source:
identifier: ISSN: 1079-5006 ; DOI: 10.1093/gerona/glw237
fulltext: no_fulltext
issn:
  • 1079-5006
  • 10795006
url: Link


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titleEffects of Calorie Restriction in Obese Older Adults: The CROSSROADS Randomized Controlled Trial.(Research Article)(Report)(Author abstract)
creatorArd, Jamy D. ; Gower, Barbara ; Hunter, Gary ; Ritchie, Christine S. ; Roth, David L. ; Goss, Amy ; Wingo, Brooks C. ; Bodner, Eric V. ; Brown, Cynthia J. ; Bryan, David ; Buys, David R. ; Haas, Marilyn C. ; Keita, Akilah Dulin ; Flagg, Lee Anne ; Williams, Courtney P. ; Locher, Julie L.
ispartofThe Journals of Gerontology, Series A, 2018, Vol.73(1), p.73(8)
identifierISSN: 1079-5006 ; DOI: 10.1093/gerona/glw237
subjectLow Calorie Diet – Patient Outcomes ; Cardiovascular Diseases – Prevention ; Cardiovascular Diseases – Risk Factors ; Obesity – Development and Progression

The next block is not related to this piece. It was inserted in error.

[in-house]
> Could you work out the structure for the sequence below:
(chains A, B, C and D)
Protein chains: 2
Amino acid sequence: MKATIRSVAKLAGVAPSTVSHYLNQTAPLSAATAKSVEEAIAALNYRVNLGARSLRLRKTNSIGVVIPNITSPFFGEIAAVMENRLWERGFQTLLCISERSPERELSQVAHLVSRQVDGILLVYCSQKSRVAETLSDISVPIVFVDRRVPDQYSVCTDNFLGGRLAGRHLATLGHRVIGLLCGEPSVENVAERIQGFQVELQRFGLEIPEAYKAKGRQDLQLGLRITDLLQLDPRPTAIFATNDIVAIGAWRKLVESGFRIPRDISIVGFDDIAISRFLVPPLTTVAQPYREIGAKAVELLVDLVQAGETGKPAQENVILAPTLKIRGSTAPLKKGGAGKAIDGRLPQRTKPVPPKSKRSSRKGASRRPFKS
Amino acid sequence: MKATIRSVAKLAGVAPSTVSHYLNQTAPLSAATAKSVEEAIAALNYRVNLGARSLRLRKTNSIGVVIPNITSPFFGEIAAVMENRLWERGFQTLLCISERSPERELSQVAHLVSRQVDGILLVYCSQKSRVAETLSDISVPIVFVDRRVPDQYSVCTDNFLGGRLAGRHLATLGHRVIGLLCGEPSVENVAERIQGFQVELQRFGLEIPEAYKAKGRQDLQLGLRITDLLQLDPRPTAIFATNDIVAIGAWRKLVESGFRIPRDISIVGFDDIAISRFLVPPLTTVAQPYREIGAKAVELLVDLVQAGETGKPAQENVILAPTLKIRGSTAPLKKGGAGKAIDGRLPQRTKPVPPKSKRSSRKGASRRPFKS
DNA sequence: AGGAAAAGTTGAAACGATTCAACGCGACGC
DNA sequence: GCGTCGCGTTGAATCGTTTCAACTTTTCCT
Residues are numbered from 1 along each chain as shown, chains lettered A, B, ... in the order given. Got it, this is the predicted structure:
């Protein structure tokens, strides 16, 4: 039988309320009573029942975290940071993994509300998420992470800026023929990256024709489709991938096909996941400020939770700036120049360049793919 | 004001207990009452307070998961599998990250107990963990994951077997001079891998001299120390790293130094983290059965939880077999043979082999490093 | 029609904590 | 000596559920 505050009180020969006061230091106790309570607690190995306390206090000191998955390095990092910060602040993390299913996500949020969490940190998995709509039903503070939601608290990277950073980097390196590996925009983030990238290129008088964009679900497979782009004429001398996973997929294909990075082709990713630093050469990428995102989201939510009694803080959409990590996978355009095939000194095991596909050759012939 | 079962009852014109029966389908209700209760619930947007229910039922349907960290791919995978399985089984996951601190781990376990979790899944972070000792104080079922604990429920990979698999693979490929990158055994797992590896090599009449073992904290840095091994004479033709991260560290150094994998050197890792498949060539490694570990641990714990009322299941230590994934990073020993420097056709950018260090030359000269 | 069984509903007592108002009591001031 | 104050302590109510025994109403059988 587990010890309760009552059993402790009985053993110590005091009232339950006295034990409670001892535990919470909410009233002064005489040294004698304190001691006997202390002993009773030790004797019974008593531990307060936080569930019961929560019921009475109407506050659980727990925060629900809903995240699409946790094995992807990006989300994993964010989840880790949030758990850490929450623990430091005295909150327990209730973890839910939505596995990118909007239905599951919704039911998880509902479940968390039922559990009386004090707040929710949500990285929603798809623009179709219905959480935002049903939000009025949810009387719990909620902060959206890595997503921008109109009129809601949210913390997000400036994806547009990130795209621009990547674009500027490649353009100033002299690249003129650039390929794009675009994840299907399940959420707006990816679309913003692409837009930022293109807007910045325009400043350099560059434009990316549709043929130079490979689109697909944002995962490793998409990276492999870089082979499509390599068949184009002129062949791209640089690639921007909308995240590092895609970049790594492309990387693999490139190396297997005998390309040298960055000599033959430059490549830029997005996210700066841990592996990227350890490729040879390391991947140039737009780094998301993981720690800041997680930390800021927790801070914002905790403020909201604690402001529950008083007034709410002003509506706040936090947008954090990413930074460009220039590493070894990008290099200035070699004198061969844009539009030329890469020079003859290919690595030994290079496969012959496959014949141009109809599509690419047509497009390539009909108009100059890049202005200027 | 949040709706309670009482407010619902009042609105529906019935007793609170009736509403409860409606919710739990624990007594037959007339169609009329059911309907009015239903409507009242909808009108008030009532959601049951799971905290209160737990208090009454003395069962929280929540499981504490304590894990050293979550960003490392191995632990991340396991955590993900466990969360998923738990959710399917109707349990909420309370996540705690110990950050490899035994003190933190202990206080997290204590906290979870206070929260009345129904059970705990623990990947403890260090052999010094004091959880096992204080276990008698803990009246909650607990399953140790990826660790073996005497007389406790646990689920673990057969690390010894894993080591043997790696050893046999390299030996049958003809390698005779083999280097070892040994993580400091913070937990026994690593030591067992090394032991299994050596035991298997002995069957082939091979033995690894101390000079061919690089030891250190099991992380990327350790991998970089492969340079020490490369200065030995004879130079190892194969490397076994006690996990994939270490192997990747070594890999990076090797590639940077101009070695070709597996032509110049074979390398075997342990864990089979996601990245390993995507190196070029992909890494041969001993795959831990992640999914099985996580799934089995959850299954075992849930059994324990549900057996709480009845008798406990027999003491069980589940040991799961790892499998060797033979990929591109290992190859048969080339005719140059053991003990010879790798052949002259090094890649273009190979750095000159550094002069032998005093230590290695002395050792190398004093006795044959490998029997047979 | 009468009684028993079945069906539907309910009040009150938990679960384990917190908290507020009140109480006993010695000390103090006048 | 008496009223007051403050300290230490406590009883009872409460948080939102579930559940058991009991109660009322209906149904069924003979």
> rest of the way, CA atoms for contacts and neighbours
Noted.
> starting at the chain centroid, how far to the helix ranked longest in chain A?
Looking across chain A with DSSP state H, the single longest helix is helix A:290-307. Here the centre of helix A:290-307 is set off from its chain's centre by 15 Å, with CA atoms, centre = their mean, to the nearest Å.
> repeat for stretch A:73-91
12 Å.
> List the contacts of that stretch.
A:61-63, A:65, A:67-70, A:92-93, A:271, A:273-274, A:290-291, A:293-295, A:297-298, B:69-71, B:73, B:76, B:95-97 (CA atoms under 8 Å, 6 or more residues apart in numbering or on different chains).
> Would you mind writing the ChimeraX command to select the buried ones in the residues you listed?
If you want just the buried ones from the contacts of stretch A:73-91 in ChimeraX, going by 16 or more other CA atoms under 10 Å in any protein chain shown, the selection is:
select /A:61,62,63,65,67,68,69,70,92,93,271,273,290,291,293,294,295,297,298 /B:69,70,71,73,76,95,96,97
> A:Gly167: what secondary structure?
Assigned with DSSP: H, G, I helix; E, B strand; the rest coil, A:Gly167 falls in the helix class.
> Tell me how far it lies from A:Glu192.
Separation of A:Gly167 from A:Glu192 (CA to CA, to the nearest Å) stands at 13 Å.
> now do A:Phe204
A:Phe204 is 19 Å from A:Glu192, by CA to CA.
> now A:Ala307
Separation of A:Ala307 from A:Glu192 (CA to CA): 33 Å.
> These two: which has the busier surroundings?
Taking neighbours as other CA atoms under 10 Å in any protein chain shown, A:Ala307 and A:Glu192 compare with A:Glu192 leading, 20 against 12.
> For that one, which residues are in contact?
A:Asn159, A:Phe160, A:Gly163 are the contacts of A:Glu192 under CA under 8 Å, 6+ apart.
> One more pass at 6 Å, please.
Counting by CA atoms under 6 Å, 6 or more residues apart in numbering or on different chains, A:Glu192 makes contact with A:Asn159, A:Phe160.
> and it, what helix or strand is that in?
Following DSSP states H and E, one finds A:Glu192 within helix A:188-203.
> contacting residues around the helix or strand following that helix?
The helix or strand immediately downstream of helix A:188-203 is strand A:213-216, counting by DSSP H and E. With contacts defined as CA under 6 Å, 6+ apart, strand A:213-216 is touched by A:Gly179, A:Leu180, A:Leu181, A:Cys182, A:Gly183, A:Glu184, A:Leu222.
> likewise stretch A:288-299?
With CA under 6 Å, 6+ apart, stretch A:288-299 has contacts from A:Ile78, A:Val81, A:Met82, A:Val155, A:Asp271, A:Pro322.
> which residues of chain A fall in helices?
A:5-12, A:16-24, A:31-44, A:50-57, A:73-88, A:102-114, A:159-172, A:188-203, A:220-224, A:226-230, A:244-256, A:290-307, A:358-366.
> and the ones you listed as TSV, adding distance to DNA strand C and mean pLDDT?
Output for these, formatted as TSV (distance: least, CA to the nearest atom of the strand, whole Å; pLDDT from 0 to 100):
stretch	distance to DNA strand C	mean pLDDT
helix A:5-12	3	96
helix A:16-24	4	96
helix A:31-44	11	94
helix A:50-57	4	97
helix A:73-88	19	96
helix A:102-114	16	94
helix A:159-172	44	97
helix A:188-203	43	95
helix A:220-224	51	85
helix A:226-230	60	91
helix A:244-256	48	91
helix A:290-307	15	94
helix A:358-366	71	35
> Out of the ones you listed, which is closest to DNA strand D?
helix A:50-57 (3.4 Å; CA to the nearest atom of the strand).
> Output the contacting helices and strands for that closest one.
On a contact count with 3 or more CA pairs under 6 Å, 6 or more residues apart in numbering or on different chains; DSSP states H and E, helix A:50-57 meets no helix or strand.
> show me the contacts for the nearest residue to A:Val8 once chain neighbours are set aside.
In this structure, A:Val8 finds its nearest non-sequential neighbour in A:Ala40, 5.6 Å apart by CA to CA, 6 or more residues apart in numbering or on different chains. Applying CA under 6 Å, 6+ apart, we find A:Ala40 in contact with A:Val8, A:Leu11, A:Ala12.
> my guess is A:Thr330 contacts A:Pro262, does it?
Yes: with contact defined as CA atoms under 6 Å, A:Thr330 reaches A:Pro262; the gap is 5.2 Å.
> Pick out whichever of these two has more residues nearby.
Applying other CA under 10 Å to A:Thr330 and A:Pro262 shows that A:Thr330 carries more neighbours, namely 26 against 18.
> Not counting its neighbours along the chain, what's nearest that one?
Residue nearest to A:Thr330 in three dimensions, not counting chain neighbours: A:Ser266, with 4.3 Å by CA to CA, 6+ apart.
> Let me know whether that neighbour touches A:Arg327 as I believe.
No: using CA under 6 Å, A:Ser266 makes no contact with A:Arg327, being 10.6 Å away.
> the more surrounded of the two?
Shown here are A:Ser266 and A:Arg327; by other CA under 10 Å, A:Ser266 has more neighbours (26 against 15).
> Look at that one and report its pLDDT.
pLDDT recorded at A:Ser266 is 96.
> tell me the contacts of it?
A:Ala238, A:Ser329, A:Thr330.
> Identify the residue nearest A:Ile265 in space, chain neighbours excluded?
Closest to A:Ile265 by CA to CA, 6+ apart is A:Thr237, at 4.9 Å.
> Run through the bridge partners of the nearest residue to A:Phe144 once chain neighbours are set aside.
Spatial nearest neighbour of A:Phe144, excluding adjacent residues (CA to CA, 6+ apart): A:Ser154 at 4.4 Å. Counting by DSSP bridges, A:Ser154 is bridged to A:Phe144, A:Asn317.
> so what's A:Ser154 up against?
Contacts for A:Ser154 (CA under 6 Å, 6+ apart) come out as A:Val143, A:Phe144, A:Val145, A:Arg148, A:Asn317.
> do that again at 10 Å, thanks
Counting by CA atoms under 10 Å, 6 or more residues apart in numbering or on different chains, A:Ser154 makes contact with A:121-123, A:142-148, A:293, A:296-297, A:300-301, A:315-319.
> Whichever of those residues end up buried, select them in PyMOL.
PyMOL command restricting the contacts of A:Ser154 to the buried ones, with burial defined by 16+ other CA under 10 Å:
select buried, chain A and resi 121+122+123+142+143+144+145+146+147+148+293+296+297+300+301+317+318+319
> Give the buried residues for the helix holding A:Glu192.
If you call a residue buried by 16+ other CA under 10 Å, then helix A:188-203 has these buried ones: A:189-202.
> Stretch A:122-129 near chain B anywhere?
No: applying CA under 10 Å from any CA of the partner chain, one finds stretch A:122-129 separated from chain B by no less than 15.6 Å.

descriptionBackground: We lack a comprehensive assessment of the risks and benefits of calorie restriction in older adults at high risk for cardiometabolic disease. Calorie restriction may reduce visceral adipose tissue (VAT) but also have negative effects on lean mass and quality of life. Methods: We conducted a 52-week, randomized controlled trial involving 164 older adults with obesity taking at least one medication for hyperlipidemia, hypertension, or diabetes. Interventions included an exercise intervention alone (Exercise), or with diet modification and body weight maintenance (Maintenance), or with diet modification and energy restriction (Weight Loss). The primary outcome was change in VAT at 12 months. Secondary outcomes included cardiometabolic risk factors, functional status, and quality of life. Results: A total of 148 participants had measured weight at 12 months. Despite loss of -1.6% [+ or -] 0.3% body fat and 4.1% [+ or -] 0.7% initial body weight, Weight Loss did not have statistically greater loss of VAT (-192.6 [+ or -] 185.2 [cm.sup.3]) or lean mass (-0.4 [+ or -] 0.3 kg) compared with Exercise (VAT = -21.9 [+ or -] 173.7 [cm.sup.3]; lean mass = 0.3 [+ or -] 0.3 kg). Quality of life improved in all groups with no differences between groups. No significant changes in physical function were observed. Weight Loss had significantly greater improvements in blood glucose (-8.3 [+ or -] 3.6 mg/dL, p < .05) and HDL-cholesterol (5.3 [+ or -] 1.9, p < .01) compared with Exercise. There were no group differences in the frequency of adverse events. Conclusions: While moderate calorie restriction did not significantly decrease VAT in older adults at high risk for cardiometabolic disease, it did reduce total body fat and cardiometabolic risk factors without significantly more adverse events and lean mass loss. Keywords: Weight reduction--cardiometabolic risk--visceral adipose tissue--quality of life--physical function doi:10.1093/gerona/glw237